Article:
So sorry you are going through all this. I was in your shoes after my Step Dad passed away and my Mom was "Home Alone" for a couple years. Things started to happen. Burners left on. Vent hood burnt. Water left on. Mailbox stuffed with magazines...everyday. Mom ran off cleaning ladies, Home Health, yard man. In hind sight Sis and I tried to keep Mom at home too long. Falls. Way too many falls with all that drama. Mom ended up in ER then by her choice to Nursing Home for rehab. There she stayed. I still had to "care" for Mom while she was there. Still drama but safer for eveyone! Mom passed away in October and the mental and physical fatigue remain. Please take care of yourself and not push yourself to the point of no return. Even those of us who consider ourselves mentally tough and physically fit would probably confess that we wanted to pull our hair out and stick a fork in our eye on several occasions during our caregiving journey. Dont beat yourself up. Hang in there!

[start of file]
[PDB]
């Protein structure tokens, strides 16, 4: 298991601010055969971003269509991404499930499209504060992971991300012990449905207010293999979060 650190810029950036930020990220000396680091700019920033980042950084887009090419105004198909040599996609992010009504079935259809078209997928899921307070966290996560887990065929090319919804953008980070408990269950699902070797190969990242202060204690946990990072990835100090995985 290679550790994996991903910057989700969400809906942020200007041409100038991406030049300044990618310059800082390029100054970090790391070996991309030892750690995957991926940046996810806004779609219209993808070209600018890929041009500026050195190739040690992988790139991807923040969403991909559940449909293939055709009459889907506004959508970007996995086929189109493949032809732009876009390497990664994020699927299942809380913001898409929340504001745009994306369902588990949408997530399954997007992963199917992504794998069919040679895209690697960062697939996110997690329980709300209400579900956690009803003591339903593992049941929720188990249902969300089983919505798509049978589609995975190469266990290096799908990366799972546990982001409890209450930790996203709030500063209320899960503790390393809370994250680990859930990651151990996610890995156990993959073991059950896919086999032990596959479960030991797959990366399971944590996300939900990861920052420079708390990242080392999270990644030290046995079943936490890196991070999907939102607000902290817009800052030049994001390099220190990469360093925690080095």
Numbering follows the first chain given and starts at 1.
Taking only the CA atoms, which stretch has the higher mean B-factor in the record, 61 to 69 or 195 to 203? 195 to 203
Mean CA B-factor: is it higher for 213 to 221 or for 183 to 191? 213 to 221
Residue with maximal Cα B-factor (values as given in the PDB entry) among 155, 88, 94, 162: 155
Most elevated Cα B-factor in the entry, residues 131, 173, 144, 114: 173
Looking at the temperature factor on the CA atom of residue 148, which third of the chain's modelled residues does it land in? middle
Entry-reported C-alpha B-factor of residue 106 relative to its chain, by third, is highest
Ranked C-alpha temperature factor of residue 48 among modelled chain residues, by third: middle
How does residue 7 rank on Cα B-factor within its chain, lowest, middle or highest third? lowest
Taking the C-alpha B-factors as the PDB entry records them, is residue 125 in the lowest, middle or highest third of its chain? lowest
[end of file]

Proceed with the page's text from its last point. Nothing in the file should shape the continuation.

Yes, you have clearly touched a nerve with your post, so you know it's not just you! My husband and I have given up income, privacy, sanity, etc., to care for my mom (82), who is now solidly in mid-stage dementia and now in assisted living. I work part time from home, and have constant feelings that I'm forgetting to do something important, not doing things well, not sleeping well, resentful feelings towards my mother for not preparing in any way (even though my siblings and I discussed that very thing with her several times over the years after she had to care for HER mother, and she assured us that everything was "taken care of") but the worst is that "hanging on a hook feeling" that demotivates me from making plans, looking forward to things, and getting things done. I'm challenging myself to address one issue or project a day outside of my normal routine, so I can begin to see some progress and change. I'm also making more of an effort to eat well (instead of comforting with food) and get some exercise, even minimally. It's tough, I know. I used to walk/run 3 miles a day, do weight work, was in good physical shape.